I don't find all this particularly difficult.
Do you do this kind of thing often?
They didn't have very much to say to us.
Walk, don't run!
Don't tell me what I've got to do!
Note that if the idea of negation concerns another element of the sentence rather than the verb,
the auxiliary "to do" need not be used.
The accident happened not at Exeter, but at Plymouth.
7.3.3 It is often used to avoid unnecessary repetition of another verb.
My father drives a Porsche! - My big brother does too!
Do you believe in Father Christmas? - Yes, I do.
7.3.4 It is used to insist on the sense of another verb, in what we call the "emphatic" form.
I do work very hard, you know.
She does know what you're talking about, I'm sure of it.
Do be quick please, children!
7.4.1 Do not forget the following basic rules about the construction of the modal auxiliaries.
(a) They have no infinitive and no participles; basically, only the "present" and "past"
forms exist, although the latter often have a conditional sense.
I can help you, and Henry could too if he wanted to.
(b) They take no "s" in the third person singular of the present tense.
The train may be late; tell David he must wait for it here.
(c) There is no use of "to do" in their negative and interrogative forms.
Can we watch television now? - No, you can't.
(d) They are usually followed by an incomplete infinitive, and can never be followed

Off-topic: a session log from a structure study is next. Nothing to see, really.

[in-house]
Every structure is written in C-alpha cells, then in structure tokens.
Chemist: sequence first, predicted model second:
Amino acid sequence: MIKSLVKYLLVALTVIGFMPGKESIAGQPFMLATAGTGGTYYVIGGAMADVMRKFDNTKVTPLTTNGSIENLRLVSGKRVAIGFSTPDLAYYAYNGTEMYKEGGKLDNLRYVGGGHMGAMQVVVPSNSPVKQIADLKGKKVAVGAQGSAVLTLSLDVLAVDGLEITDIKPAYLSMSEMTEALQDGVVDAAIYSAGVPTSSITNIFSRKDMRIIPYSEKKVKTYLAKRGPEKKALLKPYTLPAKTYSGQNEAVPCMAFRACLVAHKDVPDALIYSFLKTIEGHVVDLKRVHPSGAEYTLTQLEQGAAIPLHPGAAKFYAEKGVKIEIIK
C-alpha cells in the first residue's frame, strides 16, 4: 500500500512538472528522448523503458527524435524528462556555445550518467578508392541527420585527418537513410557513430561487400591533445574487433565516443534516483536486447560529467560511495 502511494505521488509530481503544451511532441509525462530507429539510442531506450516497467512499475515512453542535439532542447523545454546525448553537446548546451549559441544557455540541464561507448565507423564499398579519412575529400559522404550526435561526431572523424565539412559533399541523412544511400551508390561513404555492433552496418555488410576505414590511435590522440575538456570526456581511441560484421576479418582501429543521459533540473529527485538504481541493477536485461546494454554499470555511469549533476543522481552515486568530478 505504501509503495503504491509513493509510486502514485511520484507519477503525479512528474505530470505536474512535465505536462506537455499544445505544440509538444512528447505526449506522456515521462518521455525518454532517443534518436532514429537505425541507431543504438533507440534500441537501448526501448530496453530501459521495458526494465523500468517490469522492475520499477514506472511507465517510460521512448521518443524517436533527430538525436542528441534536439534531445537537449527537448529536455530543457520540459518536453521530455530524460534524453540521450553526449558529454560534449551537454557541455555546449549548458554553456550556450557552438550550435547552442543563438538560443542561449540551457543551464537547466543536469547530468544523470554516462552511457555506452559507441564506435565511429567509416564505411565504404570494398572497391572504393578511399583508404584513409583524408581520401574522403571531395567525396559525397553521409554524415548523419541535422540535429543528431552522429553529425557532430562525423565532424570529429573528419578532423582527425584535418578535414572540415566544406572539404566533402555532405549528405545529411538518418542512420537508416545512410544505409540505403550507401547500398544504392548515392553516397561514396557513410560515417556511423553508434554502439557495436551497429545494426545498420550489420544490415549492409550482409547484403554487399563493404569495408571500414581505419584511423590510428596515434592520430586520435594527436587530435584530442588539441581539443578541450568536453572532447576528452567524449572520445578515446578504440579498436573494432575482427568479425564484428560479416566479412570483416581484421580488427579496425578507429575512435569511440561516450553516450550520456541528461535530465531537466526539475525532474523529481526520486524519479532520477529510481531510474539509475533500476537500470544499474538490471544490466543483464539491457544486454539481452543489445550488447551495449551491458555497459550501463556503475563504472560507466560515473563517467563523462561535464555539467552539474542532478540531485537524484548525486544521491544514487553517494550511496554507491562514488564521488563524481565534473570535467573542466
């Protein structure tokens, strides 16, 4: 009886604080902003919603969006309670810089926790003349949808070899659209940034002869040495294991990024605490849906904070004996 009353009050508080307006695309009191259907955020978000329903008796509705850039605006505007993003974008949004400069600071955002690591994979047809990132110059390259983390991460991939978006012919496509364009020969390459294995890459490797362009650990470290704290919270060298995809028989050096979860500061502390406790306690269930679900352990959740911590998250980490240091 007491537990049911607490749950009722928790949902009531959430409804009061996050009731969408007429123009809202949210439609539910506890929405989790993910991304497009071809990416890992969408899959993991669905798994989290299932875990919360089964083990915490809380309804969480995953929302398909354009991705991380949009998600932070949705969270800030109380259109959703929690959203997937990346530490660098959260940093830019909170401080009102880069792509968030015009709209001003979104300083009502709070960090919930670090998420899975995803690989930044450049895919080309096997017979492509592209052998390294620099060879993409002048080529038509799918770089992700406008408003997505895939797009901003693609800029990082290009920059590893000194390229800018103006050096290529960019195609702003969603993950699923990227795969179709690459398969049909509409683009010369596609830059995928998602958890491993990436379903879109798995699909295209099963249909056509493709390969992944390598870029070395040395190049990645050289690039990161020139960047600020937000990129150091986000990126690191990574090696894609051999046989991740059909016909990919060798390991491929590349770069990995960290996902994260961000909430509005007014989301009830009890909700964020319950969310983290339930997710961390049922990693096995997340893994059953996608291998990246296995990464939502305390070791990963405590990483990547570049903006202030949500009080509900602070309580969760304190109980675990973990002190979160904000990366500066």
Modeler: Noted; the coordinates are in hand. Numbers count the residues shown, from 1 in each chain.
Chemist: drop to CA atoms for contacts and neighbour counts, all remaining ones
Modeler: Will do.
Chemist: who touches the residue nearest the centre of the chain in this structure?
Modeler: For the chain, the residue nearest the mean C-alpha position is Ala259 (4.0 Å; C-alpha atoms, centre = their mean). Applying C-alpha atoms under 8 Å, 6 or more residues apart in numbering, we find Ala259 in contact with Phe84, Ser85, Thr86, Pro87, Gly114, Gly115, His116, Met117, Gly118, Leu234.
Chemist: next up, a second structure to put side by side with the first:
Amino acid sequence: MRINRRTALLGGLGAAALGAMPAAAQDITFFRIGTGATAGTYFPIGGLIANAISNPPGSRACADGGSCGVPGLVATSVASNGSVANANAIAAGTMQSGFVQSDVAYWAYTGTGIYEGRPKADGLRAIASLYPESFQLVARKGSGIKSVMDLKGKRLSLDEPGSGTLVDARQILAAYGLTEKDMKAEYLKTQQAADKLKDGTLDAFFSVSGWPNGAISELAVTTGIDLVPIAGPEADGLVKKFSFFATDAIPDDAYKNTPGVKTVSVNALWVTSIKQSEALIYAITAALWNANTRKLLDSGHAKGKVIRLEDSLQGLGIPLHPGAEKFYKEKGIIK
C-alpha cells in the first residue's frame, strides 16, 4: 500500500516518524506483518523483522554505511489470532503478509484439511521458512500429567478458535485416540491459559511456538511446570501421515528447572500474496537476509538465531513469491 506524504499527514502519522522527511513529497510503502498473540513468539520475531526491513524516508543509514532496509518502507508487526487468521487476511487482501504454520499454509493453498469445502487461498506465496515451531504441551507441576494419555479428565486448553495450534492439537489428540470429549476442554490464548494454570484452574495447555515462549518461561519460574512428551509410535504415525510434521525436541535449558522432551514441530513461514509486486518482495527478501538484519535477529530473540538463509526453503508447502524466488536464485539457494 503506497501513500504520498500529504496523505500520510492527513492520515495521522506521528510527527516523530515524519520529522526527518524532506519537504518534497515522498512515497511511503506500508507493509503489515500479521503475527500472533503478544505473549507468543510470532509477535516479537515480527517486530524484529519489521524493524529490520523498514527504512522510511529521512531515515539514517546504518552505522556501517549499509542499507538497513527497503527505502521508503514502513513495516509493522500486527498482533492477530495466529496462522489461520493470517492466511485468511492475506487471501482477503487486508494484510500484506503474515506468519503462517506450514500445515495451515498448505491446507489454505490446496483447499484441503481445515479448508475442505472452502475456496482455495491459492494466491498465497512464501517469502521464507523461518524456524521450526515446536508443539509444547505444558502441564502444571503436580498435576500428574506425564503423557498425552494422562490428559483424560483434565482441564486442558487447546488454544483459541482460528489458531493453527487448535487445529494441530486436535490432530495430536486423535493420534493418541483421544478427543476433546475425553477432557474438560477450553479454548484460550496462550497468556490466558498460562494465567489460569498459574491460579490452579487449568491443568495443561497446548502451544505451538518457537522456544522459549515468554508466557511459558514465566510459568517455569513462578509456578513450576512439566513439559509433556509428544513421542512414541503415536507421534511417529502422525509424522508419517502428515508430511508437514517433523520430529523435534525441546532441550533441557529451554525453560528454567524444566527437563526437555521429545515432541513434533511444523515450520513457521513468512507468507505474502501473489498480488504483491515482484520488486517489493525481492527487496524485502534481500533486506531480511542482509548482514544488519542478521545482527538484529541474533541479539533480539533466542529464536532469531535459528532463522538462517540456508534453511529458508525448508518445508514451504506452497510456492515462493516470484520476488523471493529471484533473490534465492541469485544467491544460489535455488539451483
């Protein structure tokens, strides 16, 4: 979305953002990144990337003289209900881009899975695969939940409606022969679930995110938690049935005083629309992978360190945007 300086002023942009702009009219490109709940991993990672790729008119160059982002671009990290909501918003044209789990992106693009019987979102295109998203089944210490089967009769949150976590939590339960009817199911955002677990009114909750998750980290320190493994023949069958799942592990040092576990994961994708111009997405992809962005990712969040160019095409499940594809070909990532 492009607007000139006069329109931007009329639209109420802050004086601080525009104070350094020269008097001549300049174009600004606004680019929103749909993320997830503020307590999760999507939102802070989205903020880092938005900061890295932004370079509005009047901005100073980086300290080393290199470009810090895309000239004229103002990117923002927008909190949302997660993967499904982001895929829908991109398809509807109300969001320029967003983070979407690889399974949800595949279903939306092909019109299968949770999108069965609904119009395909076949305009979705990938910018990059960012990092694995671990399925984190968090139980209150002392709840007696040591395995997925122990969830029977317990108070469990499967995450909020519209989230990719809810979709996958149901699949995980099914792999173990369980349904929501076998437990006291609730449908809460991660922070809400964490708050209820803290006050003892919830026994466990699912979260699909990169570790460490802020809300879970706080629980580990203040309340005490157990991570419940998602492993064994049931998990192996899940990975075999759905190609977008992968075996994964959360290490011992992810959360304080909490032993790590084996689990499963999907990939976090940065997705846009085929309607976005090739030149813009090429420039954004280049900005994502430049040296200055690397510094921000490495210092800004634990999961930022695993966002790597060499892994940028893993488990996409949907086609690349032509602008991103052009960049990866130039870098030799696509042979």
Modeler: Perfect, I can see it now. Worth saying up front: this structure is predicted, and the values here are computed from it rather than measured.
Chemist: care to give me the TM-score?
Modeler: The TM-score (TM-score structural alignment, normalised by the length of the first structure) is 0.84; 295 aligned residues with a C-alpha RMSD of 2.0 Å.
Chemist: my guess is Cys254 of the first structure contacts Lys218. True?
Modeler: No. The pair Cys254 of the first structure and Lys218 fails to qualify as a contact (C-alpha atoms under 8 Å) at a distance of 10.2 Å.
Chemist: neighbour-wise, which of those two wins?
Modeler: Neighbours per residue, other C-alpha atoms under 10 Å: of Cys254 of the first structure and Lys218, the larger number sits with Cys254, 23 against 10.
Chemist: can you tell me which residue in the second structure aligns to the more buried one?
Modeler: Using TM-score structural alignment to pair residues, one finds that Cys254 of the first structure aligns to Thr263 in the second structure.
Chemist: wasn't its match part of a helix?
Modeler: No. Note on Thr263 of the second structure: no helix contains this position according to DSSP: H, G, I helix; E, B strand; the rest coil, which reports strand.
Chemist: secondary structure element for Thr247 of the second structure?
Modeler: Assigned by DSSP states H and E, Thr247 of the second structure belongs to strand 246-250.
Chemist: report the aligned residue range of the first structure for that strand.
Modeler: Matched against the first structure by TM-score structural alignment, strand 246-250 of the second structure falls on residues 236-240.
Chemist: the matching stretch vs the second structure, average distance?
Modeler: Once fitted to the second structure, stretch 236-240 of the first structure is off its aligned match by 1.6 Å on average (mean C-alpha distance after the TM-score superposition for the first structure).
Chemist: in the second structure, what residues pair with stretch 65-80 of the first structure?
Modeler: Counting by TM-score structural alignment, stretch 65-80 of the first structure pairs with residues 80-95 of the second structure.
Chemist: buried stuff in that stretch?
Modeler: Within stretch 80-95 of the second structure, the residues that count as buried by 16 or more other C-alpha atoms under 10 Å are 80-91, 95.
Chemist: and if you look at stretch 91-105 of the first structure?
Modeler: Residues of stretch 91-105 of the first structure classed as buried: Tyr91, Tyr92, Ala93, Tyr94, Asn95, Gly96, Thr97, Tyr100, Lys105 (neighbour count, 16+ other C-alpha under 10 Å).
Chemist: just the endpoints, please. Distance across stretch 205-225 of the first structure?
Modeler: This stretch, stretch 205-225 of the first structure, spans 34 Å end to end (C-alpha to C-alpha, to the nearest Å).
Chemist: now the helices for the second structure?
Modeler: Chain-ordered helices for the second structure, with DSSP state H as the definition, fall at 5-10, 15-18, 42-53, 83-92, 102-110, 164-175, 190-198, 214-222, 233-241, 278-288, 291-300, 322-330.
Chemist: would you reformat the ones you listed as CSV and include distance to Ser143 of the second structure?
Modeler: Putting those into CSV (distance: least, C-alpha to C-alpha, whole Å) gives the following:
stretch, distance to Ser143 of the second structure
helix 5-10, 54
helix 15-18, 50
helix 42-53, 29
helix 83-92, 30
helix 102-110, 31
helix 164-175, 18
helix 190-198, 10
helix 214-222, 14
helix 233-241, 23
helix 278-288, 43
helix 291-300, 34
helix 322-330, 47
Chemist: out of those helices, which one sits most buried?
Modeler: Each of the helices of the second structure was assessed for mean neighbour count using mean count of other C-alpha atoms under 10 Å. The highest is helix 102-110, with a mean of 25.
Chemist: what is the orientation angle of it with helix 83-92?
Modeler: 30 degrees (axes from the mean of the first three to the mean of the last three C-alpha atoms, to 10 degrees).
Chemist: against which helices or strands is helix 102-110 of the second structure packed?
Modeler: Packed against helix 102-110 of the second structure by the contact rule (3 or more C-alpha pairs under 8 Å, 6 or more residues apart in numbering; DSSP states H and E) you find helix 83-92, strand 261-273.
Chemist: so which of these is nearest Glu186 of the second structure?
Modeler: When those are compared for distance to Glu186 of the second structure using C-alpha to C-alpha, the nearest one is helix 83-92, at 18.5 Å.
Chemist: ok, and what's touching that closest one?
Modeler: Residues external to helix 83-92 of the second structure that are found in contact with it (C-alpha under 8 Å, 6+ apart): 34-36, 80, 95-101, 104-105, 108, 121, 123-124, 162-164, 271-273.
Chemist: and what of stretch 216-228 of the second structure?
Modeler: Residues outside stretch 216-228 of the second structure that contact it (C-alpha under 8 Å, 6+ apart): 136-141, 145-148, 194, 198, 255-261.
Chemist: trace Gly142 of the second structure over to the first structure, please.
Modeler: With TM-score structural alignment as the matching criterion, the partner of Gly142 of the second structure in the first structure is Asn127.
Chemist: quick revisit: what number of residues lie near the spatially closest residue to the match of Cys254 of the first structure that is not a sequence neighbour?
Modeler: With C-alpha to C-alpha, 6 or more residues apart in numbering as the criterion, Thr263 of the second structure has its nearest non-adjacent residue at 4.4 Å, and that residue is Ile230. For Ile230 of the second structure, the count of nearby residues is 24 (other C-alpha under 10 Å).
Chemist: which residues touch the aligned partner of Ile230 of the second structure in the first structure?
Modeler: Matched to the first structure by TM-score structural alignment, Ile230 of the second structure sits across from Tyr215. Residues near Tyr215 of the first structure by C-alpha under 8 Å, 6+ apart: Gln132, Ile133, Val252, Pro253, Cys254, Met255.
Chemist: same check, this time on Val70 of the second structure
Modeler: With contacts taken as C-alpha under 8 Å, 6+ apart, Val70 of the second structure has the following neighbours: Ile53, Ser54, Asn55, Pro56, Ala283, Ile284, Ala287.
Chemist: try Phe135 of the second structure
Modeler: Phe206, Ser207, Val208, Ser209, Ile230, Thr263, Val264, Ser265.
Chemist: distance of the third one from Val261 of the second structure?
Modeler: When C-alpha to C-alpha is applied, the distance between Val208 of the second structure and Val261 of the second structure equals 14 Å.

by a noun or pronoun.
Penelope can swim right across the lake, but I don't think I can.
7.4.2 As mentioned before, only certain forms of these verbs exist. For the other tenses, we
must use replacement forms, and the following table will help you to find the right one to use
in each case.
expressing ability
- to be able to
expressing permission
- to be allowed to
expressing eventuality
- perhaps..., (it's possible for...)
expressing eventuality
expressing permission
- perhaps..., (it's possible for...)
- to be allowed to
expressing obligation - to have to,(to be obliged to)
expressing certainty - I'm sure (certain,etc.) that..
(Don't forget that these replacement forms can be used in all tenses, and must be used when
no adequate modal form exists.)
7.5.1 Basically, the idea of "being able to do something" is expressed by the modal auxiliary
"CAN," which expresses both physical and mental ability.
7.5.2 (Examples in the present.)
A cat can climb a tree, but a dog can't.
Penelope can't do mental arithmetic very well.
7.5.3 (Examples in the past.)
He could run much faster before he started smoking.
I couldn't beat him at all last year.
They couldn't find their way home.
Note that it is not normal to use the form "could" to translate a French perfect or simple past
form: we must use "was/were able to" to express the idea of ability or opportunity + action in
the past.
They were able to give us all the information we needed.
He was finally able to convince us he'd been right.
7.5.4 (Examples in conditional forms.)
Could you help me answer these questions?
She could easily pass if she worked a bit.
They could have made us a better offer.
Couldn't someone else have given you a hand?
7.5.5 Note also the following examples, where it is in fact more a question of willingness
than of actually being "able" to do something.
Can/could you lend me a fiver till the end of the month?
Can/could you tell me the way to the station, please?
7.5.6 When no adequate modal form exists, use "TO BE ABLE TO."
We will be able to visit you tomorrow.
Have you been able to contact them yet?